Both contract types manage costs to the employer in three stages: initial payment, variations, and final/interim payments. However, each stage is managed differently. Remuneration under the JCT contracts is on a lump sum basis with or without quantities, whereas the NEC contracts provide greater flexibility with more pricing method options as to how work is procured, using cost based open book contracts such as cost reimbursable, management contracting or target cost contract.
Cost variations and extensions of time are also treated differently. The JCT describes these as ‘relevant events’ and ‘relevant matters’, whereby time and costs are treated separately. This means that an extension of time will not necessarily guarantee a cost adjustment. However, under the NEC time and costs are grouped together under a ‘compensation event’. This gives the PM more control over the balance between time and cost when determining the optimum change solution. The contracts have different conditions for what constitutes a variation. For example, unforeseen ground conditions are a valid variation under the NEC contracts, but this is not recognised by the JCT contracts.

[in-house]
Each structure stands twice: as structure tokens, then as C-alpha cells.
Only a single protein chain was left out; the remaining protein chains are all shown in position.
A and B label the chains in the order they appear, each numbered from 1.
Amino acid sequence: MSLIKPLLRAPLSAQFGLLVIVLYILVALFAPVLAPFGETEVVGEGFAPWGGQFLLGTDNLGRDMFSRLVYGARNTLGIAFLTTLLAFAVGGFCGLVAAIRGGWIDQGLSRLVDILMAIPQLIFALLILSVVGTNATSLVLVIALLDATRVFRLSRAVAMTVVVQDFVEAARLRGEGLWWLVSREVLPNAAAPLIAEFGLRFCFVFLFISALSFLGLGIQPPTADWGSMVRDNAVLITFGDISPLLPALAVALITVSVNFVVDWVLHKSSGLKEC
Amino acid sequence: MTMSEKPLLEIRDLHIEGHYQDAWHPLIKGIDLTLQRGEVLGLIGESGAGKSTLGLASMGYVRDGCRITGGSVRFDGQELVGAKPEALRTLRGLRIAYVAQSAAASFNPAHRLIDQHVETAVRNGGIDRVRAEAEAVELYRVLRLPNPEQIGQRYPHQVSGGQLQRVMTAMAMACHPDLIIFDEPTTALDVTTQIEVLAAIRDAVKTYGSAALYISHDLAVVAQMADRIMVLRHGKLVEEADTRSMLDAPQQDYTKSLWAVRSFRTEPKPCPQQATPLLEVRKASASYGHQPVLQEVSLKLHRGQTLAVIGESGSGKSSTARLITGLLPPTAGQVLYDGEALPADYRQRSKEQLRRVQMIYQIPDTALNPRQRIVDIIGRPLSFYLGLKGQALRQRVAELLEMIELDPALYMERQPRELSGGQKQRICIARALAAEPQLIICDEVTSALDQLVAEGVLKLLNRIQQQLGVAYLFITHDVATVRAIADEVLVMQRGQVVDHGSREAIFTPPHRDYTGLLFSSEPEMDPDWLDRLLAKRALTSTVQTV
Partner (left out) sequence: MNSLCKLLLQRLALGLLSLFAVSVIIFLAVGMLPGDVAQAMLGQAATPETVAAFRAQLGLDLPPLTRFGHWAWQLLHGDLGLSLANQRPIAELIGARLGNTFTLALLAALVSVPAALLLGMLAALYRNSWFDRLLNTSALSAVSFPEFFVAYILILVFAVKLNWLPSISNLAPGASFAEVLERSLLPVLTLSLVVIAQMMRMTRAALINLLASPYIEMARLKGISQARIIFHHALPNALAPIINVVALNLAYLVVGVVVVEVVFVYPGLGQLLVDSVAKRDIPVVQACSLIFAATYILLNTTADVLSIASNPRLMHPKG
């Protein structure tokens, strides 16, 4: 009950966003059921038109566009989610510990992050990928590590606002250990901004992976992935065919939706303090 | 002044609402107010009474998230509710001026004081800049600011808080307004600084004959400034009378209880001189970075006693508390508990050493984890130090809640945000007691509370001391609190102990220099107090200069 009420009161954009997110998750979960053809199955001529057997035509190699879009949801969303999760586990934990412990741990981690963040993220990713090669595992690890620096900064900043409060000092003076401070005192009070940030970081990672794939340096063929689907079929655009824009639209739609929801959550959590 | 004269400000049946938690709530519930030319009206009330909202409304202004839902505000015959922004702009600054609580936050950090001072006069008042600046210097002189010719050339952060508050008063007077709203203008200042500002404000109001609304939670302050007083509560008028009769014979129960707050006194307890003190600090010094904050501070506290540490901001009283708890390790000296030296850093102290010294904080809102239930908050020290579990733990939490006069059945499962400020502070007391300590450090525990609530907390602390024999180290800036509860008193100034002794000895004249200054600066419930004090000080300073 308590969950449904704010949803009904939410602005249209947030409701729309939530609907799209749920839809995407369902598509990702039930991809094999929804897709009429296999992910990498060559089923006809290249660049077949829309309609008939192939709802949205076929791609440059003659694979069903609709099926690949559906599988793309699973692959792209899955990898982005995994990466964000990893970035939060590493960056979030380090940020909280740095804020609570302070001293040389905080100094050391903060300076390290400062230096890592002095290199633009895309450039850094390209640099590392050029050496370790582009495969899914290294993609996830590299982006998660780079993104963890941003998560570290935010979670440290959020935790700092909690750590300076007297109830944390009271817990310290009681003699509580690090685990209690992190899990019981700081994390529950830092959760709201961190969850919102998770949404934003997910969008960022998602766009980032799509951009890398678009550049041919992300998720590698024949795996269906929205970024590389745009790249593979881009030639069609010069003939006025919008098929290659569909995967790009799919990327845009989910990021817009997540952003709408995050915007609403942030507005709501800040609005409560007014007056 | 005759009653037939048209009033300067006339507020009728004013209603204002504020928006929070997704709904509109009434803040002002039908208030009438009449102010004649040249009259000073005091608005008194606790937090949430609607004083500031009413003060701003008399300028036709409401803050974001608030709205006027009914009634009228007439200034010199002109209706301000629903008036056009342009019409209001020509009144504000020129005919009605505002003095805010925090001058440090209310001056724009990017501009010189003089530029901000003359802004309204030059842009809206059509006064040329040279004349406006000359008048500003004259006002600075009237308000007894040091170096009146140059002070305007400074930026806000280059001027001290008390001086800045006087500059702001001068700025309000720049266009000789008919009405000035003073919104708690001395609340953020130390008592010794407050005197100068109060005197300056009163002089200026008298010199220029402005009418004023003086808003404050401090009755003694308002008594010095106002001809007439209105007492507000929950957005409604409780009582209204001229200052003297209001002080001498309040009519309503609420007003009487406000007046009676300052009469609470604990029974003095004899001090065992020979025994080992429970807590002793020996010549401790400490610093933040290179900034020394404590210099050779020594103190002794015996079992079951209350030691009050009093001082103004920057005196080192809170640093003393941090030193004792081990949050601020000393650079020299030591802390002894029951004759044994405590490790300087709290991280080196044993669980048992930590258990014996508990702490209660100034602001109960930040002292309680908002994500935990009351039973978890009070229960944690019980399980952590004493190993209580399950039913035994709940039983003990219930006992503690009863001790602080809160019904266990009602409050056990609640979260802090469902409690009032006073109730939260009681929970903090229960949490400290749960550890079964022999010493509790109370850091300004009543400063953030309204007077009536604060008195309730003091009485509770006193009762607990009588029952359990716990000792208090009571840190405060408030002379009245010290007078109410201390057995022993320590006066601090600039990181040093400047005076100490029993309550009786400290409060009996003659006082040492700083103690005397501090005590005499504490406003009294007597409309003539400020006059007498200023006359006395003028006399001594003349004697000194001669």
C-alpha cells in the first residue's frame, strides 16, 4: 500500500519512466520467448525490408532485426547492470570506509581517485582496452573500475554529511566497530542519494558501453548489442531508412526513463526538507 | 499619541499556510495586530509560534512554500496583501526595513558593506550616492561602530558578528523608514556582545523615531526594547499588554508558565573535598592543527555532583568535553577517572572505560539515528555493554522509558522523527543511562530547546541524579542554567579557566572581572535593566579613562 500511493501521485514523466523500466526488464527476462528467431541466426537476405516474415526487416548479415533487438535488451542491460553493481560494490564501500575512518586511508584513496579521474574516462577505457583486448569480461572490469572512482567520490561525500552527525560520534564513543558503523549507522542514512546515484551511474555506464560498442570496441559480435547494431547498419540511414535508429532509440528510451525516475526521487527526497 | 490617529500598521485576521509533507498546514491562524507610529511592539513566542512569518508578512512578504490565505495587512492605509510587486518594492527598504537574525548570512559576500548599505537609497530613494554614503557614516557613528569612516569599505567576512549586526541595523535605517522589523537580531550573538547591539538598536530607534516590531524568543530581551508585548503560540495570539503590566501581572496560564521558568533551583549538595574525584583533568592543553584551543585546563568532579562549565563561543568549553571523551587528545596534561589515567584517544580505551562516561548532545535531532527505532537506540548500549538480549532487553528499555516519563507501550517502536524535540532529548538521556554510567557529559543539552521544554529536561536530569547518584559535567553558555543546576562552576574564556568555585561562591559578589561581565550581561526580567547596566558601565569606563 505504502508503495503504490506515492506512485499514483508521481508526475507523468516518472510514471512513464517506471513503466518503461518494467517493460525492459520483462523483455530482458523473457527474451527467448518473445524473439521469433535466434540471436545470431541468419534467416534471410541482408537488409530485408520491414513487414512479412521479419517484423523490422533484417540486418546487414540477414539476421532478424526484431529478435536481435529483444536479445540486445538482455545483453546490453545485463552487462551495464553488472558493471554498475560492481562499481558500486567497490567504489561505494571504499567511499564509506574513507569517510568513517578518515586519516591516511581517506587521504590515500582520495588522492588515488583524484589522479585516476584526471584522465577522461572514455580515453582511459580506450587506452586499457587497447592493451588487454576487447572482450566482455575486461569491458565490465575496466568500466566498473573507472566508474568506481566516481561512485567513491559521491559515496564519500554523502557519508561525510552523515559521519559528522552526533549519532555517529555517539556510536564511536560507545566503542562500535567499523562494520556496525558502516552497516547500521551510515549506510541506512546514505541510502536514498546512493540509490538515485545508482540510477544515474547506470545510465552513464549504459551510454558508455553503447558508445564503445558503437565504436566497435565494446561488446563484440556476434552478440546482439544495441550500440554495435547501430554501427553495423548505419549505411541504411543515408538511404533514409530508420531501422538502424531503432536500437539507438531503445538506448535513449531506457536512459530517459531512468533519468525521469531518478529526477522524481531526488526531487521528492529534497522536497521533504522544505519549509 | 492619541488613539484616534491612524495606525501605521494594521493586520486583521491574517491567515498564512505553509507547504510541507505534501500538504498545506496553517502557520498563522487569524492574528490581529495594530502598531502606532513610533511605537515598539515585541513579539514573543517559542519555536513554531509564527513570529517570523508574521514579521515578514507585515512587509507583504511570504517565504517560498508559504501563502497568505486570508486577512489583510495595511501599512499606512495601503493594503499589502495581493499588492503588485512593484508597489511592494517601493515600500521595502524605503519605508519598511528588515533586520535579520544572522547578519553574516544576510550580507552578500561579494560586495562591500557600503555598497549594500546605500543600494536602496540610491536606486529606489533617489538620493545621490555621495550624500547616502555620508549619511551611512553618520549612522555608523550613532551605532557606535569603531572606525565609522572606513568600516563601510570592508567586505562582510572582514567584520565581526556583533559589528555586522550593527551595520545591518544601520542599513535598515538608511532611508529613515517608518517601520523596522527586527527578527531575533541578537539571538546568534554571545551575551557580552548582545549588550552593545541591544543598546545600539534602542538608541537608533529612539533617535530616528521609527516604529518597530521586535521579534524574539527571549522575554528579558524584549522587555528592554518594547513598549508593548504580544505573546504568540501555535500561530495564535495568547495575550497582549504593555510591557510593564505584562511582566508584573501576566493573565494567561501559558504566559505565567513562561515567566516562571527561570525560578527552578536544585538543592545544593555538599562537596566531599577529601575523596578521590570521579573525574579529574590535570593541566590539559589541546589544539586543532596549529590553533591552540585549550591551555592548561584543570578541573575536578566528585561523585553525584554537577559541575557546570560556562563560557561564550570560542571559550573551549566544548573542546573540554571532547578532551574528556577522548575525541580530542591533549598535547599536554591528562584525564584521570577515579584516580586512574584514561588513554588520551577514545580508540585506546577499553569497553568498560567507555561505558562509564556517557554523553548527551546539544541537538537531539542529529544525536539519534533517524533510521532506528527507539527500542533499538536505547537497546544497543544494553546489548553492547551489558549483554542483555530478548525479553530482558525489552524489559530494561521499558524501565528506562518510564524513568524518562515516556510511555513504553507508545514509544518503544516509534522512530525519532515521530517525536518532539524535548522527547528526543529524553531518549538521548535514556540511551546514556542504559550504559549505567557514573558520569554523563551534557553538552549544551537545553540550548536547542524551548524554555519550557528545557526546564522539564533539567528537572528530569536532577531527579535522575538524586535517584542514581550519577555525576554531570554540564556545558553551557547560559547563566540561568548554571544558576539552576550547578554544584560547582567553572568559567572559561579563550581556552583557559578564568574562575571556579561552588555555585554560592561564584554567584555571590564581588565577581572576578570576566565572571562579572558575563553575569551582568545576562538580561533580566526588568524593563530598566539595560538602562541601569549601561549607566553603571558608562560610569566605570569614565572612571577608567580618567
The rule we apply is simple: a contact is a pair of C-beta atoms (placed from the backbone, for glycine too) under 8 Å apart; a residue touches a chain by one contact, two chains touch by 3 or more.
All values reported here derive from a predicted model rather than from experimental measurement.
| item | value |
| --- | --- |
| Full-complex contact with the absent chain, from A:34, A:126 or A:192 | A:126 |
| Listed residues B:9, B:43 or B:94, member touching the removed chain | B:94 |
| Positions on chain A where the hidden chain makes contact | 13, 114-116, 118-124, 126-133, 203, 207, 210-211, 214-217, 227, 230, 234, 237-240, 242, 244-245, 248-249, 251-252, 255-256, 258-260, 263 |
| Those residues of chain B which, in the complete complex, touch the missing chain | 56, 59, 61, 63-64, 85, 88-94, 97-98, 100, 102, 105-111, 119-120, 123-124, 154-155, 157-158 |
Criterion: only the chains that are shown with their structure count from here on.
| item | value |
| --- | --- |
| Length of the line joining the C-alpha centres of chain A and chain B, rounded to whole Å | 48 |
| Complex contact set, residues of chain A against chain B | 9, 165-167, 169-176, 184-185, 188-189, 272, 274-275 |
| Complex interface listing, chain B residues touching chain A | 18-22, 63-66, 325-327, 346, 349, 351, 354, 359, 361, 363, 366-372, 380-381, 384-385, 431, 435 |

Both contract types provide that precise employer quality requirements are stated in a separate technical document. Both have a process for dealing with defects. The JCT provides for instructions to open up works for inspection, makes the contractor responsible for providing workmanship in line with the contract, but allows the CA/EA to issue instructions about workmanship that is ‘reasonably necessary’, without defining what this means. The NEC goes further by obliging the contractor and supervisor to notify each other as soon as they are aware of defects. It deals with searching for defects, the contractor’s responsibility for correcting defects and his failure to do so.
JCT contracts are commonly used in the private sector as employers and contractors are used to it. Private commercial property developers generally prefer the JCT because they can achieve greater control by transferring risk as far as possible, which helps to meet the expectations of their funders.
NEC contracts tend to be used by experienced, proactive clients with depth of management resources. This typically includes public bodies and large corporate occupiers and may involve large building or infrastructure projects.
Further details about the suite of contracts available can be found at the JCT and NEC websites. It is particularly important that new users of the NEC seek appropriate legal advice and have sufficient expertise to manage the contract. For example, it would be unwise to simply rebadge a JCT’s employer requirements document as a NEC scoping document, as the terminology and required level of detail differs. This could create inconsistencies with other documents, and potentially cause confusion and dispute between the parties. If you would like further guidance on this topic, please contact Susan Wells at [email protected].